So far this season 44 shareholder proposals asking companies to appoint independent chairs of boards are on annual meeting ballots. None of the ones voted on have passed, although eight have received support over 40%, an increase from 2016. This includes several companies with robust lead directors. In the meantime, the number of large-cap companies that combine the chairman and CEO roles have grown, to about 50% of the S&P 500 compared to 43% last year.

In recent years, few companies have submitted no-action requests to exclude these shareholder proposals, since the text of those resolutions and the arguments against them have largely been settled.

In March, the SEC staff denied a company’s efforts to exclude such a proposal on vagueness and personal grievance grounds. However, the staff permitted the company to omit paragraphs in the supporting statement regarding neonics that the staff agreed were irrelevant to a consideration of the subject matter of the proposal, since there is a “strong likelihood that a reasonable shareholder would be uncertain as to the matter on which he or she is being asked to vote.”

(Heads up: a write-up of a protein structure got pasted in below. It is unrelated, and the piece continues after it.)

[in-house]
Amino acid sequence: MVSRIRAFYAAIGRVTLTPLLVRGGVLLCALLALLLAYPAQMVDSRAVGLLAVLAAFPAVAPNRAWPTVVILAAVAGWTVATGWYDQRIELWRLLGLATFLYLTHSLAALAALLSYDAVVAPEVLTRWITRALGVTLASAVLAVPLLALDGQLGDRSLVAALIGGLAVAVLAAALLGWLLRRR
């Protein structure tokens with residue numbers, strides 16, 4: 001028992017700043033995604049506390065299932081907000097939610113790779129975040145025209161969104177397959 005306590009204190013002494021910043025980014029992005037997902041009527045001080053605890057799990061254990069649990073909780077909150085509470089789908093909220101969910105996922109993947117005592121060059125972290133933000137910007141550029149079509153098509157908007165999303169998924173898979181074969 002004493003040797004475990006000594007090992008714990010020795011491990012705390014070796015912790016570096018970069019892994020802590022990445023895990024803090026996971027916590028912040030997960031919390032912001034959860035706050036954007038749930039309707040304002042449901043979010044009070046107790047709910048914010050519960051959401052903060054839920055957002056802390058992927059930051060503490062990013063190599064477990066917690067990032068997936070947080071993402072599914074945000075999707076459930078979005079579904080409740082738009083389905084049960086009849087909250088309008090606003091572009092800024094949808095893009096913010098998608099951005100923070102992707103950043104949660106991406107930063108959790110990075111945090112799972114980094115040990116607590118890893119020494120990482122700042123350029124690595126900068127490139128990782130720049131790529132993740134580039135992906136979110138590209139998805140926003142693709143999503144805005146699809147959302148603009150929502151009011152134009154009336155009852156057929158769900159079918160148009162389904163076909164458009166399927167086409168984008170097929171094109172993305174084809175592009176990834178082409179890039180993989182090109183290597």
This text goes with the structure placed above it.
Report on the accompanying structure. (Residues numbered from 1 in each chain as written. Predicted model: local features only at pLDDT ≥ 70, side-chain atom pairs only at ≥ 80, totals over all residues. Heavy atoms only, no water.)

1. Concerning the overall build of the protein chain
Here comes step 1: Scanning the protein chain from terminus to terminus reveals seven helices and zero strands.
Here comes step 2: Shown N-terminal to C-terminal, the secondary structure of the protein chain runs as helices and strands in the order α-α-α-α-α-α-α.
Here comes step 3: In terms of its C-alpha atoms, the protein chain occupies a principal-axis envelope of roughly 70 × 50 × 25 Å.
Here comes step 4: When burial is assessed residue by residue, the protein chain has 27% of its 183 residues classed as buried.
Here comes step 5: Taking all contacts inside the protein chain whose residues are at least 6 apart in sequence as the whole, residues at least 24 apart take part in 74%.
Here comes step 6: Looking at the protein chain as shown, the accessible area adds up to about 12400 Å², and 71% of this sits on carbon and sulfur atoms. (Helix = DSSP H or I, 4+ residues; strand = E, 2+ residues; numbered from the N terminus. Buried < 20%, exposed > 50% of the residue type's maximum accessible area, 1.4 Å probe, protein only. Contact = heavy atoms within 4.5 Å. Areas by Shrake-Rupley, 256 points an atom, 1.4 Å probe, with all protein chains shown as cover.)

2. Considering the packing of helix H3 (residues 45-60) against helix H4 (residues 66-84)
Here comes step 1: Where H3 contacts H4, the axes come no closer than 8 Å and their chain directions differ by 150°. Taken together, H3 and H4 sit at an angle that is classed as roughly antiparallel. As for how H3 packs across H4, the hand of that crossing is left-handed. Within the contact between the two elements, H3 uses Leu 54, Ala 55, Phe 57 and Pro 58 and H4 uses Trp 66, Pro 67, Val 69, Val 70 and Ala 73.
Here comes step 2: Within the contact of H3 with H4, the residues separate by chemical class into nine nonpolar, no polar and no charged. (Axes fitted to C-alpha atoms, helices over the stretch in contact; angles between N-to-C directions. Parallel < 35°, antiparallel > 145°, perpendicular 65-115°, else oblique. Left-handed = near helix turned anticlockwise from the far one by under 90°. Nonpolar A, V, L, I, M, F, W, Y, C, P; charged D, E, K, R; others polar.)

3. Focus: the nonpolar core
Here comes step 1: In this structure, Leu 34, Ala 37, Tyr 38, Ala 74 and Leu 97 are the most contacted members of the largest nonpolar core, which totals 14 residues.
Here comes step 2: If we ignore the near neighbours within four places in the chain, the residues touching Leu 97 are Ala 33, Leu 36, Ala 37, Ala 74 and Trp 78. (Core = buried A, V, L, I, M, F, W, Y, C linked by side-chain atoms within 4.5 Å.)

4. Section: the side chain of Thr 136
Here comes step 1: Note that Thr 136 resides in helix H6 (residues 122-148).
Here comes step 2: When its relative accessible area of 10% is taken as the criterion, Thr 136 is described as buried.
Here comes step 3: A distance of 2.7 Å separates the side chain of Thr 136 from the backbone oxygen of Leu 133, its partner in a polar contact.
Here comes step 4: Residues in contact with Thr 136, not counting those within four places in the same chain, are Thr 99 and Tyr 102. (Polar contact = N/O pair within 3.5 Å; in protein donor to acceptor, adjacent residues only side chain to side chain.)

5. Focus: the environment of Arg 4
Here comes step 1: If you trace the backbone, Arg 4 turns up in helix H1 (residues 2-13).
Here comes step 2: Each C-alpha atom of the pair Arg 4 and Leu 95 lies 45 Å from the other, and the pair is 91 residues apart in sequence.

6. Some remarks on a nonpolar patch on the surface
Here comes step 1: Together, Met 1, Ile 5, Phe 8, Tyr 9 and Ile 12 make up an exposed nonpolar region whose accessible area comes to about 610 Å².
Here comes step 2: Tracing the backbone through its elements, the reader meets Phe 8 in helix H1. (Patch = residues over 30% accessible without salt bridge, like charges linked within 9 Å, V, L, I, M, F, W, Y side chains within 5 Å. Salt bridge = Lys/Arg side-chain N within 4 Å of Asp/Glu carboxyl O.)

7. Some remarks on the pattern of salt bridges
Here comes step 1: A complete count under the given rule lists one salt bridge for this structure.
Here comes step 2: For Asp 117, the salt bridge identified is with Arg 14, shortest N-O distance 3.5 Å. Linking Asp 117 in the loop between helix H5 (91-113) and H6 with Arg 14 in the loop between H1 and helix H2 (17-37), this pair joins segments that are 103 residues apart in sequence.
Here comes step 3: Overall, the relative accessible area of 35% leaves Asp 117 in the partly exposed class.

The company had argued that nearly half of the supporting statement discussed the company’s decision to sell produce treated with neonics, and the products it sells are not related to whether the chairman of the board is independent. The proposal gives shareholders a misleading impression that supporting it would have an impact on what products the company decides to include in its stores.

The proponent in turn contended that stronger board oversight is designed to help companies address particular challenges, and at this company, one of those challenges is the sale of products treated with neonics. It was necessary for the supporting statement to devote significant explanation to this issue given shareholders’ likely unfamiliarity with the topic.

The staff’s decision to permit the company to remove the paragraphs relating to the use of a certain type of insecticide contrasts with its prior decision that did not agree that criticisms about board members’ independence and tenure, executive compensation and state takeover law were objectively misleading or simply irrelevant to a proposal on an independent chair.